The Israeli army staged its largest snap exercise in recent years, deploying troops in the occupied Golan Heights as contingency planning for possible conflicts with Iran and Syria.

Israel stages largest snap exercise in years

An Israeli mobile artillery drives through sandy terrain during a military exercise in the Israeli-occupied Golan Heights Photo: AFP

Source:  , Jerusalem

Thousands of soldiers were summoned from their homes during the night after the Jewish new year holiday and flown to the territory, which Israel captured from Syria during the Six-Day War of 1967.

The unannounced manoeuvres come a week before Benjamin Netanyahu, the Israeli prime minister, addresses the United Nations General Assembly in New York where he is expected to give warning that time is running out to prevent Iran acquiring a nuclear weapon.

Mr Netanyahu has engaged in increasingly bellicose rhetoric towardsIran in the past few weeks, raising fears that Israel could strike against its nuclear facilities unless the United States explicitly threatens military action of its own.

With many in the United States and Israel believing that military action cannot be delayed beyond next year, Israeli generals are visibly escalating efforts to ready the armed forces for conflict.

But speculation of an Israel attack over the next few weeks has faded in recent days and a military officials were quick to insist that the exercise was “part of a routine inspection” that “does not indicate any changes” in the country’s alert levels.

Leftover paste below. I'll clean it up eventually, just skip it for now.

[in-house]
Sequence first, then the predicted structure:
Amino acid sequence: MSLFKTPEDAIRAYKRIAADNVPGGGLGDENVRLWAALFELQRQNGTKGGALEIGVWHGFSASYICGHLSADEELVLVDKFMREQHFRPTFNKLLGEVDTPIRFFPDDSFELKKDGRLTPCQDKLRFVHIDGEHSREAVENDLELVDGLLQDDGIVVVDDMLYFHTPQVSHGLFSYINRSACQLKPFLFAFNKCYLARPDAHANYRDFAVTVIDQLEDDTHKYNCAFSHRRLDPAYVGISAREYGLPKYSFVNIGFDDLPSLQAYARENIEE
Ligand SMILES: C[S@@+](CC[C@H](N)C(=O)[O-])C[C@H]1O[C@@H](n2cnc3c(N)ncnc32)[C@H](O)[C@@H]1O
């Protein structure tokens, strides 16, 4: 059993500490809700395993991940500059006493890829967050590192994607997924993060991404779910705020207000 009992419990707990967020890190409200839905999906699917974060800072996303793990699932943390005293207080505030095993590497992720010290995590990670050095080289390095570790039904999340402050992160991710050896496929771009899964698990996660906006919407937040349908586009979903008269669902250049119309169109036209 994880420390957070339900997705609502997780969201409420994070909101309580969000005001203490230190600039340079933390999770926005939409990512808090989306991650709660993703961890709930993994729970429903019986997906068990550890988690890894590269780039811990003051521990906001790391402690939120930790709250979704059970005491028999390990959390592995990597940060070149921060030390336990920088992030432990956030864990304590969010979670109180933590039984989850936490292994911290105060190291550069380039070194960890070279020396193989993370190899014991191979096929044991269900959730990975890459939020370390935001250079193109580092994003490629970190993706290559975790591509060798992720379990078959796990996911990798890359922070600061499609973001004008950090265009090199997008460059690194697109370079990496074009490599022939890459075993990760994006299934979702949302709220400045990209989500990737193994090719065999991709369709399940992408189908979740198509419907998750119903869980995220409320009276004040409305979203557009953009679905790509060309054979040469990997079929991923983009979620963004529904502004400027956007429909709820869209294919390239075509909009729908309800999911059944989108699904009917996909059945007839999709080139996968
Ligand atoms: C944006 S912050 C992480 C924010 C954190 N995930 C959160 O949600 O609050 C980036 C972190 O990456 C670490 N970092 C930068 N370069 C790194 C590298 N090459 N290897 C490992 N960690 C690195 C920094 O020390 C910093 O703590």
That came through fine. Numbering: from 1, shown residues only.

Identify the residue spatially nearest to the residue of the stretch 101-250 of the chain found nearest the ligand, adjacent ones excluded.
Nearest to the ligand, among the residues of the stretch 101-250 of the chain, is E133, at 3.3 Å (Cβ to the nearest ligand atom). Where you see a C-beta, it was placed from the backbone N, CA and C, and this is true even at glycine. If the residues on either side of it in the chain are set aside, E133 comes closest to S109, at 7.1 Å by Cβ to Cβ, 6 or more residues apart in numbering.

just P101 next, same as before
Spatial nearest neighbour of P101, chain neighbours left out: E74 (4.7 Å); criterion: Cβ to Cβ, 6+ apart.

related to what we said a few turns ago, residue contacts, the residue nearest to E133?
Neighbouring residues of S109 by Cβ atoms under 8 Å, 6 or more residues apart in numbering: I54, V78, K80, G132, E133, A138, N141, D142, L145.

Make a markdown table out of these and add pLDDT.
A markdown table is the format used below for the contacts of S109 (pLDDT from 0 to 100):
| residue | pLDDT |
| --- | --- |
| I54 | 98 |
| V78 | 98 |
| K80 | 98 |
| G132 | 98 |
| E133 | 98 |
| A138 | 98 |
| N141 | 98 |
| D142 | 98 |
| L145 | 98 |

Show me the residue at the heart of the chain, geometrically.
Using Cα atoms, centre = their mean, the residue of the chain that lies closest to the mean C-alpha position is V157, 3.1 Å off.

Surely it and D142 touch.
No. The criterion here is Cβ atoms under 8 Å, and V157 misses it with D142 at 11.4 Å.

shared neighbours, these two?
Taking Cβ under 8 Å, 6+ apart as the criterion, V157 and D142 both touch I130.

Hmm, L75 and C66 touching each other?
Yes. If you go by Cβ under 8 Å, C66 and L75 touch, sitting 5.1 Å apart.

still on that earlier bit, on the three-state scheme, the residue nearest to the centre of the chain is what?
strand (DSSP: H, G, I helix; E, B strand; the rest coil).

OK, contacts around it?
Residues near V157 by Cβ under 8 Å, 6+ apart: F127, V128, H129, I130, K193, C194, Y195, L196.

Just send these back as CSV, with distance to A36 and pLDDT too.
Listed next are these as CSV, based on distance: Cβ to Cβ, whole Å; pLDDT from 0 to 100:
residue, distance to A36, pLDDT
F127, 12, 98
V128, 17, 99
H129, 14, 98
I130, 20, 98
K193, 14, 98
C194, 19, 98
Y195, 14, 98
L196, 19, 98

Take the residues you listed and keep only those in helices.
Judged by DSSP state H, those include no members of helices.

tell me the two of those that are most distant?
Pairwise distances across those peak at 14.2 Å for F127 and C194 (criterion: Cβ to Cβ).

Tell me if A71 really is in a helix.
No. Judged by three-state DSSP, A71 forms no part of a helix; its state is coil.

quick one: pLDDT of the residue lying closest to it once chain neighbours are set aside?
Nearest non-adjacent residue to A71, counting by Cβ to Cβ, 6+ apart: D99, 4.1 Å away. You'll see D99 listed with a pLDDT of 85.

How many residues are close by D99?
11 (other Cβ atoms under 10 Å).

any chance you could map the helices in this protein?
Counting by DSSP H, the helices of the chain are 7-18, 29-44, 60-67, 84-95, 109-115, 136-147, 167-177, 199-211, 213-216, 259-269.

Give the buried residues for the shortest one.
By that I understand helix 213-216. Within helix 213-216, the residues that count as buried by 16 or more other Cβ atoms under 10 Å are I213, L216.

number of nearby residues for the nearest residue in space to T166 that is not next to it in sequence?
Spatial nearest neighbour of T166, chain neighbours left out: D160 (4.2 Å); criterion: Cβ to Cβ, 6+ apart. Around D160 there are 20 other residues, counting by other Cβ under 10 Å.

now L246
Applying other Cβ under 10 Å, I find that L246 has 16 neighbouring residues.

A similar snap exercise was held at the same last year, when speculation of an imminent Israeli strike against Iran was equally fevered.

Some in Israel’s defence establishment now consider it possible that the country is more likely to become entangled in Syria’s civil war before the eruption of any confrontation with Iran.

Senior intelligence and military commanders have given warning that Syria’s chemical weapon sites are becoming increasingly insecure, raising the possibility of its nerve agent stockpiles falling into the hands of radical Islamists if order in the country breaks down altogether.

They also fear that the Assad regime could supply Hizbollah, the Damascus-backed Shia Muslim militant group based in Lebanon, with chemical weapons in an act of desperation.

Suggesting that Syria could be the prime focus, yesterday’s manoeuvres appeared to simulate a cross-border attack on Syria.

However, an even larger Iran-oriented exercise was held along the Lebanese border a fortnight ago.

An Israeli attack on Iran could see Hizbollah, which is funded and armed by both Tehran and Damascus, retaliate by firing rockets onto Jewish territory.